June 16, 2022
Very often, the media portrays Asian Americans and Pacific Islanders (AAPI) with stereotypes and biases, so it is not surprising that audiences have all been plagued by prejudice, bigotry, and racism. Confronting these implicit biases takes conscious effort, tremendous courage, and enormous determination. However, it can also be as simple as educating oneself about microaggressions and changing habitual thoughts and behaviors about AAPI. Here are 10 things one can easily learn about what not to say to AAPI people and students.
- You are good at math and science; can you help your classmates? OR your family values education more than anything so you will have no problem getting a good grade. The research shows that about 1/3 of AAPI high schoolers either don’t finish or drop out of high school. Our implicit bias is deeply rooted in the Model Minority Myth. It assumes that all AAPI people are successful academically as well as socioeconomically, and all AAPI parents are well educated and have the means to invest in their children’s education.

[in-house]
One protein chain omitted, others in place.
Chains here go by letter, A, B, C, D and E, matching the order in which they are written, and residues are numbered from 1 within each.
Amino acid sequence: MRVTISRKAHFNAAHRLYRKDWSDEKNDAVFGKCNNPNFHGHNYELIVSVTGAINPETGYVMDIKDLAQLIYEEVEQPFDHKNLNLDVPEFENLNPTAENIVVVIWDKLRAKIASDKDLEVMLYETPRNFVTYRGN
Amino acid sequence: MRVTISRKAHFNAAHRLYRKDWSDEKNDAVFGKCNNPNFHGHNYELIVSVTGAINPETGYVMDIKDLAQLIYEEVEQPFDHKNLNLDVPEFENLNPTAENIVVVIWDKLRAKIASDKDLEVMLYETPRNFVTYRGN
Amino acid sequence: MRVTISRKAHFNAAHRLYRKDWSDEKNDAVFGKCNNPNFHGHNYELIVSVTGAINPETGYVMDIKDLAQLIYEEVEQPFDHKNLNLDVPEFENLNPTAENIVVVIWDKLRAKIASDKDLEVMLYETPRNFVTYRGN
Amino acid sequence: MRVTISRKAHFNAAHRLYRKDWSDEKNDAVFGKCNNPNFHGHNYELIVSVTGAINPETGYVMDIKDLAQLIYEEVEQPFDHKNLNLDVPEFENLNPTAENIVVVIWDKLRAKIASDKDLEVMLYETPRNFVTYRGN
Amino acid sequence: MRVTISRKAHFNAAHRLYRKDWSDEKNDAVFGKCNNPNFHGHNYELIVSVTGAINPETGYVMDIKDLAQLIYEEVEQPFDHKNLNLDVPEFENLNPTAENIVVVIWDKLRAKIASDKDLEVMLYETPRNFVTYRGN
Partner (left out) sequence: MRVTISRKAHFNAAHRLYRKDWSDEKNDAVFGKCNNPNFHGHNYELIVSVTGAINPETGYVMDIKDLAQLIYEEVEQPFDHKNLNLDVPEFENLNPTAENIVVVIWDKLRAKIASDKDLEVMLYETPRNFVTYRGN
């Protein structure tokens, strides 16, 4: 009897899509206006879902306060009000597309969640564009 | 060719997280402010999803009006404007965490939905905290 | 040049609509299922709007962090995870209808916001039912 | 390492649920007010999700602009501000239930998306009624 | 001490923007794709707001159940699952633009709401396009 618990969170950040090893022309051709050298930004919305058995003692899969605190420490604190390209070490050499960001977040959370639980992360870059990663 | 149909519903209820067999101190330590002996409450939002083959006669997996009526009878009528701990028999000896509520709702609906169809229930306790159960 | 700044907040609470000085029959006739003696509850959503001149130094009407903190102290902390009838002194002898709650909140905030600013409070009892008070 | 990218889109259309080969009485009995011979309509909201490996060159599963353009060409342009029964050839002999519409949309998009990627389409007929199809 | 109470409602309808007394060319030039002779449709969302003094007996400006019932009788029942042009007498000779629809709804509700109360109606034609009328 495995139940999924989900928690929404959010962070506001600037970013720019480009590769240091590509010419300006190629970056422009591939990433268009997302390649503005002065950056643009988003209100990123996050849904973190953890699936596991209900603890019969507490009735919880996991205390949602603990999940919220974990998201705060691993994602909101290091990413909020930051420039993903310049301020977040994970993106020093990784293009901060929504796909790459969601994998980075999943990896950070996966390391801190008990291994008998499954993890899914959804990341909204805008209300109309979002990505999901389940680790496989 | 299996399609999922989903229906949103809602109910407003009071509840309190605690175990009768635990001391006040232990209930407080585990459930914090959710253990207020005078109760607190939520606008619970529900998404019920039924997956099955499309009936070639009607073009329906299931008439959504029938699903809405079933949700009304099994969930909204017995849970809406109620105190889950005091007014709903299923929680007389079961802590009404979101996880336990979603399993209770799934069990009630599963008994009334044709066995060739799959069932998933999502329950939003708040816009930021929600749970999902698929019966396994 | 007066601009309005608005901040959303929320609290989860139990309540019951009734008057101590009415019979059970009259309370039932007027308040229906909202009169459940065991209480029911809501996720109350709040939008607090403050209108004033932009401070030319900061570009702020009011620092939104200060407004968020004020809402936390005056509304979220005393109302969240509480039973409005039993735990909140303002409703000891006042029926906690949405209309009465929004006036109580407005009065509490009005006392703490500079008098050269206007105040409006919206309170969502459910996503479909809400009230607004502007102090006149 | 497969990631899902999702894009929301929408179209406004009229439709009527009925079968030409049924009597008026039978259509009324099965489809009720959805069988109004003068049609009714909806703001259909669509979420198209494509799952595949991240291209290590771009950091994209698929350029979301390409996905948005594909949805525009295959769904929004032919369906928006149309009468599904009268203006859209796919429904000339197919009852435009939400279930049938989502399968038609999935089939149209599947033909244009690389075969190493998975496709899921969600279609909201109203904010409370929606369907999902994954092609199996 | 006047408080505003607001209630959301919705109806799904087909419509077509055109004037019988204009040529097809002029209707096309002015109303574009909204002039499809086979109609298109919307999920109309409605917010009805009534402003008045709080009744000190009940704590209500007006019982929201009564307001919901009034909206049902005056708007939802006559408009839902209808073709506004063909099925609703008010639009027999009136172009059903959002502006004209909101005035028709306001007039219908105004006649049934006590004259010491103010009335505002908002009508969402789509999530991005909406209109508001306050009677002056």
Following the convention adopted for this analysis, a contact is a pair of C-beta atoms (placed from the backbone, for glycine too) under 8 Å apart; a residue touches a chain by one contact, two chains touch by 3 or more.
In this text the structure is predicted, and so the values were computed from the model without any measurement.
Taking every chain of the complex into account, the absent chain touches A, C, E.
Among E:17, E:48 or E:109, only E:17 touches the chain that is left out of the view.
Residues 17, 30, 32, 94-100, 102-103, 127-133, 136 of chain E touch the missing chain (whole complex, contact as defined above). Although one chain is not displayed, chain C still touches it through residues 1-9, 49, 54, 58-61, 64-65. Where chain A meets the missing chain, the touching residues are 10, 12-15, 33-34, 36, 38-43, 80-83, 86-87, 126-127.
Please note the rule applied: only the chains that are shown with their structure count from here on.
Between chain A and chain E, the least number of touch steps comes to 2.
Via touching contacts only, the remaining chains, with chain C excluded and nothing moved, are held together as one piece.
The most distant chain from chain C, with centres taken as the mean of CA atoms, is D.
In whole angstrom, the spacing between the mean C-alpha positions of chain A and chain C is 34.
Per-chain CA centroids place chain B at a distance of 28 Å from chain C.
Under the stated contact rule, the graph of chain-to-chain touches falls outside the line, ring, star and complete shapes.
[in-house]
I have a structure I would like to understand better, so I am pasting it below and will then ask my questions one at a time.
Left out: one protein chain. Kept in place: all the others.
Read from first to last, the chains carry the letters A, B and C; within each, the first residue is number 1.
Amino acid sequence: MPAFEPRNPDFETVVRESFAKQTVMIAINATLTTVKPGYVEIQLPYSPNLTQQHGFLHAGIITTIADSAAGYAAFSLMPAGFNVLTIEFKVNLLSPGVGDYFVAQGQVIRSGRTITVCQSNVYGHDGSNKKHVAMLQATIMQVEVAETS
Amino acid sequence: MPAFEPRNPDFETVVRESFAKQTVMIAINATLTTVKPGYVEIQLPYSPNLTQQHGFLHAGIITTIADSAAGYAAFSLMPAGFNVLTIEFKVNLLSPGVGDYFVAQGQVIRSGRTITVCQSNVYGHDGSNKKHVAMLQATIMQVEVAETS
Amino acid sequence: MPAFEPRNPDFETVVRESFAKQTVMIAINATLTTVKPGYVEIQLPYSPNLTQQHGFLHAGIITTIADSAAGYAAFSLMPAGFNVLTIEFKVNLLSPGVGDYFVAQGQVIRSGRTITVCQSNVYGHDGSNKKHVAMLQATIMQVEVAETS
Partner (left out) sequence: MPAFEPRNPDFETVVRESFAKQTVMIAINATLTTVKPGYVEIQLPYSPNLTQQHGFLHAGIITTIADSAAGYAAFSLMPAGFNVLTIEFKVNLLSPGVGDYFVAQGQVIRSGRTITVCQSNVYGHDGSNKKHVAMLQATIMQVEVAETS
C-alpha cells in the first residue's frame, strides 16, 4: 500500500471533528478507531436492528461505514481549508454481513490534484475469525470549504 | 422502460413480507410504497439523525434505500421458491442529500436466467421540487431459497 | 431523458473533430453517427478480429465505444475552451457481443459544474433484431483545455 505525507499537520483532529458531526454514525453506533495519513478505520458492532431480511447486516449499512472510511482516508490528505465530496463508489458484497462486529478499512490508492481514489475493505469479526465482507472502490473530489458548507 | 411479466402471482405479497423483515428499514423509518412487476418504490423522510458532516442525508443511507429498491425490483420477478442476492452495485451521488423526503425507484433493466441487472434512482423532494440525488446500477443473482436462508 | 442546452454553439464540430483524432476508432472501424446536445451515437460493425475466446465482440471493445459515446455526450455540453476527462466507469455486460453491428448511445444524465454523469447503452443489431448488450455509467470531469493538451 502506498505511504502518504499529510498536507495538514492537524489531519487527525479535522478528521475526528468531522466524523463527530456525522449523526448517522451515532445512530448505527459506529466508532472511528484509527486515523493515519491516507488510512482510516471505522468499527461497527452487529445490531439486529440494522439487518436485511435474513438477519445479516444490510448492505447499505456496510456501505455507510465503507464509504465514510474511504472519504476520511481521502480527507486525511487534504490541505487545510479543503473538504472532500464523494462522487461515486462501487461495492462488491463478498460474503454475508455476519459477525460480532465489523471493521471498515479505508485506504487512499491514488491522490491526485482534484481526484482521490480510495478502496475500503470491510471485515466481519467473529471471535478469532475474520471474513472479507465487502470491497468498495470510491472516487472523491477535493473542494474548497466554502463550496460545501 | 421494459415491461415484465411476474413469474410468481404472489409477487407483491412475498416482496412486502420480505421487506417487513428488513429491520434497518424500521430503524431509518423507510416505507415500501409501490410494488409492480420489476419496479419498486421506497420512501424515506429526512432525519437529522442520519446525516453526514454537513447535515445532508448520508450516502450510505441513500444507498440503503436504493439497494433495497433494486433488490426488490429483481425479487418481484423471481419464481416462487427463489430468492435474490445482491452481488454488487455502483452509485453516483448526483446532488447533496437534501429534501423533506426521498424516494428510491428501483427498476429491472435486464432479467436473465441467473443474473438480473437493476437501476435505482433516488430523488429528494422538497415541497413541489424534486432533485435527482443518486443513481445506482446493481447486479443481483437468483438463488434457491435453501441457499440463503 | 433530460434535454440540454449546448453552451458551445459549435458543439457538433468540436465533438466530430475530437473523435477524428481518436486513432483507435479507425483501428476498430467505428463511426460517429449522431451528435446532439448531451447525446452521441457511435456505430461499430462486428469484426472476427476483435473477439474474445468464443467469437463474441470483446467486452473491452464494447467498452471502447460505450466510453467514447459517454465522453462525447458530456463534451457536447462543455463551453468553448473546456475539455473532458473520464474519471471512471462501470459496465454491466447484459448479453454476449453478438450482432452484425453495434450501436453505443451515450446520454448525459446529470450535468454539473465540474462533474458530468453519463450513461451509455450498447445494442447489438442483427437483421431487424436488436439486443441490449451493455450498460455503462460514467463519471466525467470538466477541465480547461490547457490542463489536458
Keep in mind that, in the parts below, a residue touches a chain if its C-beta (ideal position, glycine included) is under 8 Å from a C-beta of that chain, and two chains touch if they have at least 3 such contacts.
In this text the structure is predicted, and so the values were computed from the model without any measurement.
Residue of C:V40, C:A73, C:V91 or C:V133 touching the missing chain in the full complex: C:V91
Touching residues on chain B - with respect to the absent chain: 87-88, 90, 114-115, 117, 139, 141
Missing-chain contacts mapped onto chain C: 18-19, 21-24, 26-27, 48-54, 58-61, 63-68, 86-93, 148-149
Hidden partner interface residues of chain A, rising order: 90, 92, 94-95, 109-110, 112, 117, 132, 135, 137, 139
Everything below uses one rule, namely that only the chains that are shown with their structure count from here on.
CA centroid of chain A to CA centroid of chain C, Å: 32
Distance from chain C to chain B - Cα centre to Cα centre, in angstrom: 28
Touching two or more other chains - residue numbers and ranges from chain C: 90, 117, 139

- My favorite Chinese food is sweet & sour chicken and chicken with broccoli. I hope I won’t disappoint you by revealing that both dishes are totally American inventions. As a native Chinese, I never heard about many of the Americanized Chinese meals and fortune cookies before I arrived in the States. Your enjoyment of fake Chinese food cannot elevate your cross-cultural understanding, acceptance, and support for AAPI. In fact, it would be really a nice thing to do if you could try out authentic ethnic cuisines and truly expand your taste buds. And, if you could expand your friend circle to include many diverse people from different racial, ethnic, cultural, and religious groups, it would be even better.
- “Where are you from?” I mean, “Where are you truly from?” This question, on the surface, might show your curiosity and innocence. Deep down, it reveals an implicit bias that being an American identifies with one look, one skin color, and one race. Many AAPI have been born and raised in the U.S. For some, they have been there for centuries. Their different look and skin color, in your eyes, only define their “otherness”. Your question reminds them they don’t belong to this country.
- “You are Chinese, aren’t you?” In this country, when many people think of Asians, very often, an East-Asian-looking face pops up in their head. …